Getting a Commercial Driver License isn’t easy, and I didn’t get into this entire thing expecting to breeze through it. It certainly wasn’t a breeze.
I dipped my toe in the water back in June. It took a little more than a month to get my learner’s license. From July through last week I didn’t make a lot of formal headway. I did plenty of driving but I wasn’t able to really train.
That changed last week when Ryder’s Tom Fallon came back to Alabama for a four-day, intensive trucker’s bootcamp. Learning to back up in three days, at least up to the Department of Public Safety Standards’, is probably impossible but we gave it a shot. That’s really all we could do, right? Try.
Along with Tom’s knowledge, Ryder loaned me a white ProStar and a 53-foot Utility trailer. We drove and backed that thing everyday from Halloween to last Friday between Montgomery, to Selma to Demopolis, Ala.
There were times I got so frustrated that I thought my head was going to explode, but hours and hours of practice slowly started to click. Each day, I was able to make the semi do things I couldn’t the day before. But none of that would matter if I laid an egg at the DMV on Friday.
The test that was supposed to take two hours took about four. That’s probably my fault, but they don’t offer a NASCAR endorsement. I only had one crack at this. Tom was headed back to the airport later that day and I had to return the truck Friday afternoon. Talk about do or die. Pass or fail, my trainer and my truck are gone when the test ends.
When the examiner approached the truck for our 8:30 a.m. appointment, my stress meter was already on 10 and quickly headed to 135,871. These guys are paid by the fail, right?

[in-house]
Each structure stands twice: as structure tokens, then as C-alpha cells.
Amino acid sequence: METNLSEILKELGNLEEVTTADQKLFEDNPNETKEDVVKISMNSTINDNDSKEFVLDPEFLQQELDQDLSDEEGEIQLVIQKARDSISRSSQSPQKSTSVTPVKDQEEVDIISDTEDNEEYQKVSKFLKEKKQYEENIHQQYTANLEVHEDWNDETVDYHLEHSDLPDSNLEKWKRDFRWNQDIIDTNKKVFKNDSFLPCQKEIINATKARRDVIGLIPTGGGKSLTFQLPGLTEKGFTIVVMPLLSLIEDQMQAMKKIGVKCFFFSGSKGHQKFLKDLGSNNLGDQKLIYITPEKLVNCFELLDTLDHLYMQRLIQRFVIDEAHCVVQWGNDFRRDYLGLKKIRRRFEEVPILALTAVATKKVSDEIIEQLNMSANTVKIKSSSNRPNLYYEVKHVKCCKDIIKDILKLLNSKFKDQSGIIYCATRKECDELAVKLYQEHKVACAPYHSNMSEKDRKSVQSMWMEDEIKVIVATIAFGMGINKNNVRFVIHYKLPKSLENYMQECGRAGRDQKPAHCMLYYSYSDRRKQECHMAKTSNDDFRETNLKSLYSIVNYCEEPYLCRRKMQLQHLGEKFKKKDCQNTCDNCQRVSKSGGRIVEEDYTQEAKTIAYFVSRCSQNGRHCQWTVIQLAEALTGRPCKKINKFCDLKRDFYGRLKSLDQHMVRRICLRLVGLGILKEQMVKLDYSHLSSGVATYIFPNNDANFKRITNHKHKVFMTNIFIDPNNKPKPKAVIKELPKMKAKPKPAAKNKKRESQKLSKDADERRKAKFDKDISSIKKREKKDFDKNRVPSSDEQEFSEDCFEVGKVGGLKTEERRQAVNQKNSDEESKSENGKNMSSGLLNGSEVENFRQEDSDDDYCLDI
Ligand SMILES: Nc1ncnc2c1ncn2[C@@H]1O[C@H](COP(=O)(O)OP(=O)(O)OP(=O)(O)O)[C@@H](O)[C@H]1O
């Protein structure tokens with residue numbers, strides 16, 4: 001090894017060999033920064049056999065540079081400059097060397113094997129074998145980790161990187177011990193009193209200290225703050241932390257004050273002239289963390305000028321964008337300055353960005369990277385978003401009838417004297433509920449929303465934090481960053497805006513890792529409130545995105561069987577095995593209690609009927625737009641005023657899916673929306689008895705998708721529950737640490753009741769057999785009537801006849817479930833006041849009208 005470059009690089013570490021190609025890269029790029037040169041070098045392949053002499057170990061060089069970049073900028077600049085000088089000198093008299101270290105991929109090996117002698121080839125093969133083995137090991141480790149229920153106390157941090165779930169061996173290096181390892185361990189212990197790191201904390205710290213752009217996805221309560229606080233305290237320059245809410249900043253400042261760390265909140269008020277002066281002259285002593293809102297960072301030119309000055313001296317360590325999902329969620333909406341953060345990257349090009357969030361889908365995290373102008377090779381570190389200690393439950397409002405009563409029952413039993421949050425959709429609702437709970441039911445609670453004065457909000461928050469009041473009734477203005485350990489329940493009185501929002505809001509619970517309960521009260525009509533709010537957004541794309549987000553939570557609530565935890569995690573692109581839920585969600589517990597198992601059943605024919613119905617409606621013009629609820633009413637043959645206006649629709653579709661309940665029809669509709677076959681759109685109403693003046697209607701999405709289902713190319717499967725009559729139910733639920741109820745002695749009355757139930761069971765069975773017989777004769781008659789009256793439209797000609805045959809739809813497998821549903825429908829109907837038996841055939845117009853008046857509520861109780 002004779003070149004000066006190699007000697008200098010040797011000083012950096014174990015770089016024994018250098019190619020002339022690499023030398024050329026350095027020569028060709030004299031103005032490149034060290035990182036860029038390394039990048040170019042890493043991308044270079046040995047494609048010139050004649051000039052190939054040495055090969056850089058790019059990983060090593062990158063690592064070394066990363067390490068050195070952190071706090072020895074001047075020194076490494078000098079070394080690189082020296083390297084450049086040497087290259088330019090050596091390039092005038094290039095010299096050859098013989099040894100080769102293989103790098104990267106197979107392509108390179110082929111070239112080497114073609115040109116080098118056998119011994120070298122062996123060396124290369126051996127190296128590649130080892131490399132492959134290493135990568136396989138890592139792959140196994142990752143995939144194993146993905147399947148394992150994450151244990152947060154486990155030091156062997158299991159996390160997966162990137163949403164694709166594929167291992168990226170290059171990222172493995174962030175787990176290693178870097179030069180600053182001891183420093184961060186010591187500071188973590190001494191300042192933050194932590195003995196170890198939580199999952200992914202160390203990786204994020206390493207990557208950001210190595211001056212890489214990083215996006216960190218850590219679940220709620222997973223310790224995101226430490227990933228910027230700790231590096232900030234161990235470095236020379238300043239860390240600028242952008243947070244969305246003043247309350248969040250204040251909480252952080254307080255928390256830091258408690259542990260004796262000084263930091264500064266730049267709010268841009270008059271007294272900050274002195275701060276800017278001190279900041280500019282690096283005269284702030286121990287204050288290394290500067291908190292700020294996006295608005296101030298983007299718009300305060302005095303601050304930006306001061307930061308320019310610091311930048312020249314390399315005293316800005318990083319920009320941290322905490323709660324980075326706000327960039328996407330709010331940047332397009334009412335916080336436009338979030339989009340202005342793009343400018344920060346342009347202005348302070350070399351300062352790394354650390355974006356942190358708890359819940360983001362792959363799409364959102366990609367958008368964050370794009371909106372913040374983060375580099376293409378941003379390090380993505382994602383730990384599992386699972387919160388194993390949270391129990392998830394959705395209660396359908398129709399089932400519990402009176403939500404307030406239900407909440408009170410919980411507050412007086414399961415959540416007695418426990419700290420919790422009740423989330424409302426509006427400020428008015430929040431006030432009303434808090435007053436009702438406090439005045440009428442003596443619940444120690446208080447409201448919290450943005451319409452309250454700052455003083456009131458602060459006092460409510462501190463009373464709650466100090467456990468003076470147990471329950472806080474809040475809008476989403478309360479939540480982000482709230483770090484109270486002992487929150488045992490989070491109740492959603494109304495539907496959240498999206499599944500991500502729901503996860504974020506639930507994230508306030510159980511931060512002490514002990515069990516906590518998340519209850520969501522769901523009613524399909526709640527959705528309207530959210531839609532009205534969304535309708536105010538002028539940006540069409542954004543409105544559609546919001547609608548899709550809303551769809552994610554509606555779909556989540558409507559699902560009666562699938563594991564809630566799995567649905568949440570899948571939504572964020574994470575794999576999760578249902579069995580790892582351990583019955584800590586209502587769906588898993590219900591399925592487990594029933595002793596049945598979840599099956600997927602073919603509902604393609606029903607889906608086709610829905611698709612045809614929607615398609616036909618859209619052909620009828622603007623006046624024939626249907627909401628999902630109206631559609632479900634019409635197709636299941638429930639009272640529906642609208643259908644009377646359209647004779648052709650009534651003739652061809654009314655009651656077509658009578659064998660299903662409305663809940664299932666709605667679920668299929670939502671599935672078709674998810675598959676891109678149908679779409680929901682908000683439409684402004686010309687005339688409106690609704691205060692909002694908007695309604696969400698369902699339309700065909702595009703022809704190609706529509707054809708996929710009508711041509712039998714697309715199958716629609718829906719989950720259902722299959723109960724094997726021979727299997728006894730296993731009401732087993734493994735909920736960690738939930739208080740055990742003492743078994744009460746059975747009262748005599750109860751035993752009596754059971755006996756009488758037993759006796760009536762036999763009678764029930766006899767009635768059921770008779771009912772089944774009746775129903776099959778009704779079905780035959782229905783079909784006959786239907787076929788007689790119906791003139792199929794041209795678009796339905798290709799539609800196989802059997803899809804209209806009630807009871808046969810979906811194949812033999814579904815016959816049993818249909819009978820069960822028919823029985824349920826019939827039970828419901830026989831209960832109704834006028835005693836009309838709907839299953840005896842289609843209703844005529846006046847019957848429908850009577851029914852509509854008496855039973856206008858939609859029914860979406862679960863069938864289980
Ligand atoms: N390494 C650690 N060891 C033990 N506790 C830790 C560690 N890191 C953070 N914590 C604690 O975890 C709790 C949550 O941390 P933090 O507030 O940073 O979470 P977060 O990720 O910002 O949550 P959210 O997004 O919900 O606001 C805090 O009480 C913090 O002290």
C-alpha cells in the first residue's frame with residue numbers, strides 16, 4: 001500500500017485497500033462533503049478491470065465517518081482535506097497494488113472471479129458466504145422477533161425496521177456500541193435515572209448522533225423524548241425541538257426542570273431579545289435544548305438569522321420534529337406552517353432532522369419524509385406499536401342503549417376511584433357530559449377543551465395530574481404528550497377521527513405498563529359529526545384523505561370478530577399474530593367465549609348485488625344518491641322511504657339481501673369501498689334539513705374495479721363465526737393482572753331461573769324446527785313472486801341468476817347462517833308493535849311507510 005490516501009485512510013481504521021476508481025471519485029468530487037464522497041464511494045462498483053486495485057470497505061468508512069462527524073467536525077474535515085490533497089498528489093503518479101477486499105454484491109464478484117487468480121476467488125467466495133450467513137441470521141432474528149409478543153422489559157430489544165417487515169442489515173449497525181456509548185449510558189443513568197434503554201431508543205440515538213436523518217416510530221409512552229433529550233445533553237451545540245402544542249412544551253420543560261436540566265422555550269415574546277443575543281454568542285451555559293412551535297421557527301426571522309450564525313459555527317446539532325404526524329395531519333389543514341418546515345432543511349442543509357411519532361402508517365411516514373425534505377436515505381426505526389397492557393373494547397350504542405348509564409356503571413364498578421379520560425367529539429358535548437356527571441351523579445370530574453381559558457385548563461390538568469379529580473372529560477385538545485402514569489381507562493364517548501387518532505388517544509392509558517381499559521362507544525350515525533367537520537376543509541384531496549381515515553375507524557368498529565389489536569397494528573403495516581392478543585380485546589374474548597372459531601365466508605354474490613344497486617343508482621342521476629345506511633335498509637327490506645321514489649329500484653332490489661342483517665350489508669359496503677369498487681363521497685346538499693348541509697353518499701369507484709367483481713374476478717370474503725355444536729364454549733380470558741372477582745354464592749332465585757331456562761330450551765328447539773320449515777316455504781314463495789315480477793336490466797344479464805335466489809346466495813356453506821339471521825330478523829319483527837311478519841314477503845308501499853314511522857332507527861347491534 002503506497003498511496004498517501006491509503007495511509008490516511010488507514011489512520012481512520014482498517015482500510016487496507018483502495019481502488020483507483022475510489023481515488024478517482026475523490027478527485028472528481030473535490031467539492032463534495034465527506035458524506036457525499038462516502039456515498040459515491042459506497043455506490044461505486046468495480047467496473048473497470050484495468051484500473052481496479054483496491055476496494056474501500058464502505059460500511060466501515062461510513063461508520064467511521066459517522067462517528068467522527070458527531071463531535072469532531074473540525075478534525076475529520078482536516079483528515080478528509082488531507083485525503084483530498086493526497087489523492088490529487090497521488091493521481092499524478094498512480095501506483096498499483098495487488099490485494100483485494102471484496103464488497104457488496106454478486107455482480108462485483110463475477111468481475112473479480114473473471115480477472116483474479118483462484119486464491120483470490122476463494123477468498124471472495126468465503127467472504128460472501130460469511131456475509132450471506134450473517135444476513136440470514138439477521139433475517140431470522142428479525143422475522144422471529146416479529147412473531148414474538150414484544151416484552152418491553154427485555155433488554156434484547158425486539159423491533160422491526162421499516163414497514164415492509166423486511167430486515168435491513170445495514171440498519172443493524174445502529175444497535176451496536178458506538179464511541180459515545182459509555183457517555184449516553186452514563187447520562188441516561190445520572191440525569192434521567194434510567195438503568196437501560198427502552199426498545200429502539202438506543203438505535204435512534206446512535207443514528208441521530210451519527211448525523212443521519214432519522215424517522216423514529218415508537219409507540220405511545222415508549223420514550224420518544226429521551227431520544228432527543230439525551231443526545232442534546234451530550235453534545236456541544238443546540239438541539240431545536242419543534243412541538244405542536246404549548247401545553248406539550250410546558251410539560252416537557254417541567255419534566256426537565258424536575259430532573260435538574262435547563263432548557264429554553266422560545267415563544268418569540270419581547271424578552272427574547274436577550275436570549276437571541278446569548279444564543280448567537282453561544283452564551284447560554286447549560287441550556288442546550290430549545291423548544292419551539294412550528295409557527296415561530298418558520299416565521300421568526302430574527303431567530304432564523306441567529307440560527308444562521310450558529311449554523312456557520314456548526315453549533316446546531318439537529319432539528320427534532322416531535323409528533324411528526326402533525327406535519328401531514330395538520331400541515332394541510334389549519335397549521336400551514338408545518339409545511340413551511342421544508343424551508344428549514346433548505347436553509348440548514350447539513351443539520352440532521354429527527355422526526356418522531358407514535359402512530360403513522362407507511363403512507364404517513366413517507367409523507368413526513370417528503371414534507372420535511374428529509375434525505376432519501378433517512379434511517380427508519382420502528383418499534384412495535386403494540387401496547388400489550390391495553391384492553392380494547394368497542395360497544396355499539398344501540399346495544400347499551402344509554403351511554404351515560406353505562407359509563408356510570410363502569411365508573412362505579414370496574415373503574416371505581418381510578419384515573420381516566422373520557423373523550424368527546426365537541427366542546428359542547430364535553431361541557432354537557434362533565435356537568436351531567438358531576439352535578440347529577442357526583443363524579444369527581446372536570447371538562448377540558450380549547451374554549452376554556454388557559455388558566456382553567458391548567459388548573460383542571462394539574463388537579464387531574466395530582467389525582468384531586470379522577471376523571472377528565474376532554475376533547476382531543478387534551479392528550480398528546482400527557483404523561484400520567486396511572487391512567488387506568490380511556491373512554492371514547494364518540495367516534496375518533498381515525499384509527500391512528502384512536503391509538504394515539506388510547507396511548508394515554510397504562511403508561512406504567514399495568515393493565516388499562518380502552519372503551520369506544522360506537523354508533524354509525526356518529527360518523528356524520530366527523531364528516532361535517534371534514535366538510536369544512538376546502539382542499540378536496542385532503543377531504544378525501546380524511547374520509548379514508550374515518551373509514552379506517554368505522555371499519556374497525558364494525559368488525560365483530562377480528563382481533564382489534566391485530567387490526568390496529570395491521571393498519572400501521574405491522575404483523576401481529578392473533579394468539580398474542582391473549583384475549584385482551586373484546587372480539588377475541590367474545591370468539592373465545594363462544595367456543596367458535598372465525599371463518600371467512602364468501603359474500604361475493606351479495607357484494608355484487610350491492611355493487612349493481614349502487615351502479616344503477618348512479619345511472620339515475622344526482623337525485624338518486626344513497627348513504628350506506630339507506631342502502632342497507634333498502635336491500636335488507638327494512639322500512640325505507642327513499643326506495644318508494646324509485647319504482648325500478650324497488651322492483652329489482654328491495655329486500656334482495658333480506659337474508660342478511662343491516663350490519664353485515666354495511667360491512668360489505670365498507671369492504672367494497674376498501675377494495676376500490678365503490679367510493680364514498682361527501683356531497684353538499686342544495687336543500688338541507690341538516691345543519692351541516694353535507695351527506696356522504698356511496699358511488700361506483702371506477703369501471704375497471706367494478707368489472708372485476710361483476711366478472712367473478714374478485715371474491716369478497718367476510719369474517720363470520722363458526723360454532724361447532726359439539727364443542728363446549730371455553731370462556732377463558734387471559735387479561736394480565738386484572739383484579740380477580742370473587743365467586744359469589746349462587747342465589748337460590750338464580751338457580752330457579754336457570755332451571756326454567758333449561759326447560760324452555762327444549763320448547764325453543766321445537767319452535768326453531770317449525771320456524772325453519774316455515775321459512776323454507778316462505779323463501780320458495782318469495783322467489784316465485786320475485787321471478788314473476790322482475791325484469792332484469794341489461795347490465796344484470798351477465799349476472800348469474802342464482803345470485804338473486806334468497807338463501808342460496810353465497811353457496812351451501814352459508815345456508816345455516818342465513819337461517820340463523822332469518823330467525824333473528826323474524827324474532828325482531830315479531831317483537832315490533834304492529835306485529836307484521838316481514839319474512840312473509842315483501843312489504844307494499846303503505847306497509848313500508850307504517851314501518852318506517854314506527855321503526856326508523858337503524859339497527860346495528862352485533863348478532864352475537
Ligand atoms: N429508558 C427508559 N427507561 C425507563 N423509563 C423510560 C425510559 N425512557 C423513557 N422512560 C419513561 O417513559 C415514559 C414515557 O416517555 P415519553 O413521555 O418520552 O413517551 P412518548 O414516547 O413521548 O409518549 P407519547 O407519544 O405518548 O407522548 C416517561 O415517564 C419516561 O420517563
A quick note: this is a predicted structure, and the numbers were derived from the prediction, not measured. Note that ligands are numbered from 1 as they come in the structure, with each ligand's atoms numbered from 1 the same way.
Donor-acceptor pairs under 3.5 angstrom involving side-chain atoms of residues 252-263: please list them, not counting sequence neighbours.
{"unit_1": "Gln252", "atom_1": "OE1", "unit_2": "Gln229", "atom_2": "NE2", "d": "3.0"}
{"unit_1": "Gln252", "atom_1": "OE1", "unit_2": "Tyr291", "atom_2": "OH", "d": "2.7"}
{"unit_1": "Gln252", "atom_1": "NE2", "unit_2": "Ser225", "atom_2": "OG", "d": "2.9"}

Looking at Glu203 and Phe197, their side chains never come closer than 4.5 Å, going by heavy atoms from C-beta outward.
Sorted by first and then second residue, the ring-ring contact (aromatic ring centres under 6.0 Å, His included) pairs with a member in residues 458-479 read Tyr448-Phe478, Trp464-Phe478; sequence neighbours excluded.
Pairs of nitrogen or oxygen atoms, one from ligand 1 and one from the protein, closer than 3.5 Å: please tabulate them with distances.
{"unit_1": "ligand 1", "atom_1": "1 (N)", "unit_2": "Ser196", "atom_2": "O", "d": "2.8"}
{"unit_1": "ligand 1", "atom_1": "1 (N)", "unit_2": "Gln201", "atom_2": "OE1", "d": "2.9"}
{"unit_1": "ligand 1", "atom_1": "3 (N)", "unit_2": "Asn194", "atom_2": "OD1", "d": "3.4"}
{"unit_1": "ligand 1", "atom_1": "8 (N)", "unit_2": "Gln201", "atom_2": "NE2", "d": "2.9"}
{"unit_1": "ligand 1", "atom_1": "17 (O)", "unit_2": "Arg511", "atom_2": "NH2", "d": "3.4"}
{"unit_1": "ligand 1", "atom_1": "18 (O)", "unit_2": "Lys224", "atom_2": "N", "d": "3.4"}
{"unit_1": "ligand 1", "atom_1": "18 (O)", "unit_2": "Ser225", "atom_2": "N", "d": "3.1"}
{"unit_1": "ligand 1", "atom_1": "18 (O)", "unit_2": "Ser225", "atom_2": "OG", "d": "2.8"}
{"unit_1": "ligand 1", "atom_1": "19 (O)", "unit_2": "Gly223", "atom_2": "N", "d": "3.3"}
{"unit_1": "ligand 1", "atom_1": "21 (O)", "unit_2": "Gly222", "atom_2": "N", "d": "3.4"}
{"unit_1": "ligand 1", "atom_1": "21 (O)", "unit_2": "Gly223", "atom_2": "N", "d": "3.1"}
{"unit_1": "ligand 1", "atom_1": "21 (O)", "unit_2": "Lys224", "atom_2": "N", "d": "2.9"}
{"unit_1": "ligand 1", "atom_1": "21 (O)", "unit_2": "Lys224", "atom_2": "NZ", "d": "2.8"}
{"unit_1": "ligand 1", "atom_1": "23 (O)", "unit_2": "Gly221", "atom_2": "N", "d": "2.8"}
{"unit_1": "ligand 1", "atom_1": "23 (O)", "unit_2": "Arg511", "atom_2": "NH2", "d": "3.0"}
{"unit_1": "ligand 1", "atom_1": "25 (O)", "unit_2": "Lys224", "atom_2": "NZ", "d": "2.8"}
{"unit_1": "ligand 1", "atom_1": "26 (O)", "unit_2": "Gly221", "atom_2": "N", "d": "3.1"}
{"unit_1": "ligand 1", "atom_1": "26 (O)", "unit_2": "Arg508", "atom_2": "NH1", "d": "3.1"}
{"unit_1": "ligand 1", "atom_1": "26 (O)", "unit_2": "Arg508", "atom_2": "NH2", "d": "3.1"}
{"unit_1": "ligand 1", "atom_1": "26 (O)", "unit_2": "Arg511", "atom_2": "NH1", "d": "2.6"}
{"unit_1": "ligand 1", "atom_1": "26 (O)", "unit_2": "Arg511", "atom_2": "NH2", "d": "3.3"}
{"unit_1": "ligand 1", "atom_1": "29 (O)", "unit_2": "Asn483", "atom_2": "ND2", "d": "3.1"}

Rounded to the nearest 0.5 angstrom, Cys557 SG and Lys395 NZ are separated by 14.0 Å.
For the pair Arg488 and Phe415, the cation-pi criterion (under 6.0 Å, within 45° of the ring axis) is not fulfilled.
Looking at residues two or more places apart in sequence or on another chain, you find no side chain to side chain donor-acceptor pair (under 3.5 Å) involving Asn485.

On an unrelated note: Have you ever watched one of those TV shows where the main character just got some good news – maybe they got into a certain college or found out they were having a baby – but they act somber to toy with their friends and family before blurting out the great news? This is one of those times. I passed.
For my pre-trip, I was assigned the in-cab, air bakes and the trailer. Passed all three. Then I had to straight-line back, offset back and, finally, alley dock. Passed all three. Zero cones were killed in each of the attempts. On to the roads around Selma for the road test. Passed. My examiner was a really nice guy, by the way. He shook my hand when he told me I passed and said he was rooting for me. I thought that was cool.
I can’t thank the folks at Ryder enough for their support. Jonathan Mayor and Kelly Avallone handled the bulk of the logistics required in getting all the equipment from where it was to where I needed it to be. I’m sure that was more complicated than I realized but it looked seamless. I also very much appreciate everyone at Ryder who worked behind the scenes in support of Jonathan, Kelly, Tom and I.
Tom Fallon is a driver training rock star. Rock. Star.
I’m still amazed we managed to pull this off in three days. More credit for that is due to Tom’s ability to teach than my ability to learn. I’ve always had respect for truck drivers. Regardless of what some of the motoring public may think, driving a semi (or driving one well) is a skill and being a good driver is a talent. Like being an artist, welder or a writer, ability comes natural to some. Others struggle to learn it and some never do figure it out. I owe Tom a lot of thanks for finding ways to help me figure it out.
Also, I appreciate all the kind words, positive comments and well-wishes that have been left on the previous six blog entries. It’s always great to know people are reading, and I truly appreciate y’all following along. Writing this series has been a lot of fun and, at times, therapeutic.
This roughly five month stop-and-start process has shown me first-hand just how challenging the path to becoming a driver can be, and all the hard work that good drivers have to put into their jobs to be safe and reliable.
I’ll see y’all out on the highway. Now I just need a cool CB handle.